April 15, 2010
AEROGARD - HISTORICAL CONTEXT
This is a film of some historical interest and is certainly illustrative of Soviet preparation for war in the mid 1930’s.
In the 1930’s Japan effectively annexed Manchuria and occupied the northern sections of China with army troops who acted independently of the paralyzed government in Tokyo. The occupation of Manchuria by Japan brought the Japanese Army to the Russian border across a vast stretch of the territory.
E.O. Reischauer notes, “In 1937 all Japanese army planning was predicated on the assumption that the Soviet Union was Japan’s only serious enemy in the Far East. By 1935 (a the time of Aerogard’s production – my comment)Russia had more troops in its Far Eastern provinces (about 240,000) than Japan had in Manchuria (about 160,000) as well as more planes and greater mechanized strength.”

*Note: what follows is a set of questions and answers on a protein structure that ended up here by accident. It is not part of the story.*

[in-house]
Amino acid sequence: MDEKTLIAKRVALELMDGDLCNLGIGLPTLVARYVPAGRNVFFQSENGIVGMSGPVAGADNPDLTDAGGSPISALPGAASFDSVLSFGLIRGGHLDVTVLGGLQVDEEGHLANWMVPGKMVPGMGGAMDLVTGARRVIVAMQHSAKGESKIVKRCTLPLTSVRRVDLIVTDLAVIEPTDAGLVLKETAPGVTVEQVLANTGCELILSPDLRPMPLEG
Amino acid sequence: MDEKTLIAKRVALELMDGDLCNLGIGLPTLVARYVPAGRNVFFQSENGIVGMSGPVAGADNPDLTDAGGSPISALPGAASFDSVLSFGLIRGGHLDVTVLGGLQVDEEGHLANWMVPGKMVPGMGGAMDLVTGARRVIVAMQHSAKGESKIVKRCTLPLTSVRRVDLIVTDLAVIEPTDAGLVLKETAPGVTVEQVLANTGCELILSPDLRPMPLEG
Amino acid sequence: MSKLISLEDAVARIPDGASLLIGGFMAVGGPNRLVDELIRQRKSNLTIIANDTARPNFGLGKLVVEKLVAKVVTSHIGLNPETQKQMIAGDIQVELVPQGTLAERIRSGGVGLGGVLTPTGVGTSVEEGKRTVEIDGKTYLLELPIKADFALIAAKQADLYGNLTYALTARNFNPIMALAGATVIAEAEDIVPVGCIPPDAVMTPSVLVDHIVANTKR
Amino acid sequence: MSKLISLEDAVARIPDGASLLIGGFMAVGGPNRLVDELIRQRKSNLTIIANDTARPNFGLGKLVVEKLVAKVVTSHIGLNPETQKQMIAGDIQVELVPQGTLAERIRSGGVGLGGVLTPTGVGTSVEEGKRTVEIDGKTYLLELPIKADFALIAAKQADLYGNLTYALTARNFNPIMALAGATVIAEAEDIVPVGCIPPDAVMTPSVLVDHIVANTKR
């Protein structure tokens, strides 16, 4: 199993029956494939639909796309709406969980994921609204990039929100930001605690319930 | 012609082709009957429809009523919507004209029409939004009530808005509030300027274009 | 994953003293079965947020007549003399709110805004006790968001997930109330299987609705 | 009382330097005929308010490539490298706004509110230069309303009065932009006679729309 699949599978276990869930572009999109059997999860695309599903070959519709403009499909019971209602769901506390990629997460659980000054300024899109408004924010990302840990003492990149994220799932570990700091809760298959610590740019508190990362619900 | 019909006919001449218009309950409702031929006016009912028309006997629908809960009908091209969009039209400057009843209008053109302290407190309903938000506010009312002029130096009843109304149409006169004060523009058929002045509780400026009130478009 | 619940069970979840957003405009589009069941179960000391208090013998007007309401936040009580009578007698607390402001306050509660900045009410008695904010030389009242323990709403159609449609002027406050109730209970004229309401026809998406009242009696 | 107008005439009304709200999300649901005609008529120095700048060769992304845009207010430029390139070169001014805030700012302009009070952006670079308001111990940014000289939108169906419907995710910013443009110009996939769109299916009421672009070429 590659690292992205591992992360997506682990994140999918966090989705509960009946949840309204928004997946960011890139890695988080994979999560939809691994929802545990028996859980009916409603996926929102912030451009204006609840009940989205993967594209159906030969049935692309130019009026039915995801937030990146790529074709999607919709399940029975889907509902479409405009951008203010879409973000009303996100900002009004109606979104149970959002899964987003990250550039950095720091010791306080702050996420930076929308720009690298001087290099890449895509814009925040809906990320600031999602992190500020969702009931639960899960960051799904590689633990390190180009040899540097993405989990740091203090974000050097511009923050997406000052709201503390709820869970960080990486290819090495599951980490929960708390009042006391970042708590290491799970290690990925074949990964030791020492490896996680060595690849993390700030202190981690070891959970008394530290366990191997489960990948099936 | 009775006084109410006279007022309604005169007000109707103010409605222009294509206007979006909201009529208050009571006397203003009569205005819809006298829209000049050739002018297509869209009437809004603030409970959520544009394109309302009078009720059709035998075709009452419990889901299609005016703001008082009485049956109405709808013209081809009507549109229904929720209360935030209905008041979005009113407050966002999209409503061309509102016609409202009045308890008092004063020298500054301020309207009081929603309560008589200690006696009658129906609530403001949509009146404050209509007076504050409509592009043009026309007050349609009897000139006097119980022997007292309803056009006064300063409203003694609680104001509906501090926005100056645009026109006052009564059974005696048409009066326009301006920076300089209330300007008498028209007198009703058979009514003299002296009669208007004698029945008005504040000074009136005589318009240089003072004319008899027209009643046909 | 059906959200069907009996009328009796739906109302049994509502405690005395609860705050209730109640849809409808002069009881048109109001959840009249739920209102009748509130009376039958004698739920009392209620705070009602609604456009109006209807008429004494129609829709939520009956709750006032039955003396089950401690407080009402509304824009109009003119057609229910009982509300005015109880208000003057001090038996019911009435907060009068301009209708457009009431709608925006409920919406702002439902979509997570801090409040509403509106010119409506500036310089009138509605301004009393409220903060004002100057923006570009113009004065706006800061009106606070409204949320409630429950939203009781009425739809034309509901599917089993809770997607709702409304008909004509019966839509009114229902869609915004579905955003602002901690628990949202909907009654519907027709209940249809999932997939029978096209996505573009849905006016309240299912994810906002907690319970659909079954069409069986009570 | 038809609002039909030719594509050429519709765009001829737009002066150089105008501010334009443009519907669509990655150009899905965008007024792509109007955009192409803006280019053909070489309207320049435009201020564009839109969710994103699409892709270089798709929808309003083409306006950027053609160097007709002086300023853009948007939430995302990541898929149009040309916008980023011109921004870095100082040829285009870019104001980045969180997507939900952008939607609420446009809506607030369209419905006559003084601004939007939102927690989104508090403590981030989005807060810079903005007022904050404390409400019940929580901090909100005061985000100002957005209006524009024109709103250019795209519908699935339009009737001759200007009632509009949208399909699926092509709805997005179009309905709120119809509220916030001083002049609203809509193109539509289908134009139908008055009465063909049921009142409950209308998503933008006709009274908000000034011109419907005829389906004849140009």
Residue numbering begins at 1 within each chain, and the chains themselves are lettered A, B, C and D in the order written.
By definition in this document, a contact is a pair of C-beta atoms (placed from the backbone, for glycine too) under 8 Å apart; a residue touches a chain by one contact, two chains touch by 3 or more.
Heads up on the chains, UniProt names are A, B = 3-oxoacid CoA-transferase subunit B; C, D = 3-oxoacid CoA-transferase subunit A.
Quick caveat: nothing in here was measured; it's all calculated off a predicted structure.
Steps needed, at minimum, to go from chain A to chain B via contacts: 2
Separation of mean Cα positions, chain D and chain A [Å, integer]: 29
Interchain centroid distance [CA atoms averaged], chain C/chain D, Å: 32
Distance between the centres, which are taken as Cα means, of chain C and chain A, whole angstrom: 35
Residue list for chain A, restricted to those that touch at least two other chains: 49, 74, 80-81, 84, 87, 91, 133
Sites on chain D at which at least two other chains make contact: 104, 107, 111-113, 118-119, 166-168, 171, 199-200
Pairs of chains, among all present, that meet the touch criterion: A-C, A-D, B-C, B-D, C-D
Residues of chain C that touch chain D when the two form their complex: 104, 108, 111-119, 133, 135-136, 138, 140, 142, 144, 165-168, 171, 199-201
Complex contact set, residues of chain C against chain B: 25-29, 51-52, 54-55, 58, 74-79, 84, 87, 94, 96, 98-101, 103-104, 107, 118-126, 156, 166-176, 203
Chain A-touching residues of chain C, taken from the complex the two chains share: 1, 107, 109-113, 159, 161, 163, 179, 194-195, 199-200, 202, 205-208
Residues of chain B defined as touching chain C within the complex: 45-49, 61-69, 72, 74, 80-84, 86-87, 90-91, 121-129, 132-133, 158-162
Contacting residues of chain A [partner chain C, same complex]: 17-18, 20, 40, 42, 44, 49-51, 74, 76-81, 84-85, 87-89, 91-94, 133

During this period active conflict took place between Japanese and Russian forces in which the Japanese were badly defeated. Rather than face a difficult adversary the Japanese Army focused its attentions on a far easier and weaker target, that of central and southern China.
This film contains many classic elements found in Russian Patriotic Cinema during the Stalin Pre-War era. These include (1) a fearful populace in need of strong leadership, (2) active traitors conspiring with the enemy against the Russian people, (3) a depiction of the enemy, in this case the Japanese, as inferior and perhaps sub human. (Note that the protagonist of the film kills and entire Japanese patrol with a single pistol) (4) the characterizing of the Russian people as a happy mix of varying ethnic types with no discrimination or bias. To this list we may add the fiction of a “populist uprising” to defeat the enemy when the traitors are revealed and destroyed, and the depiction of the Russian Military as benign and supportive of the people.
For anyone interested in Russian movie history this is a must see and for those interested in the little known conflict between the Russians and the Japanese in the mid 1930’s this film is highly recommended.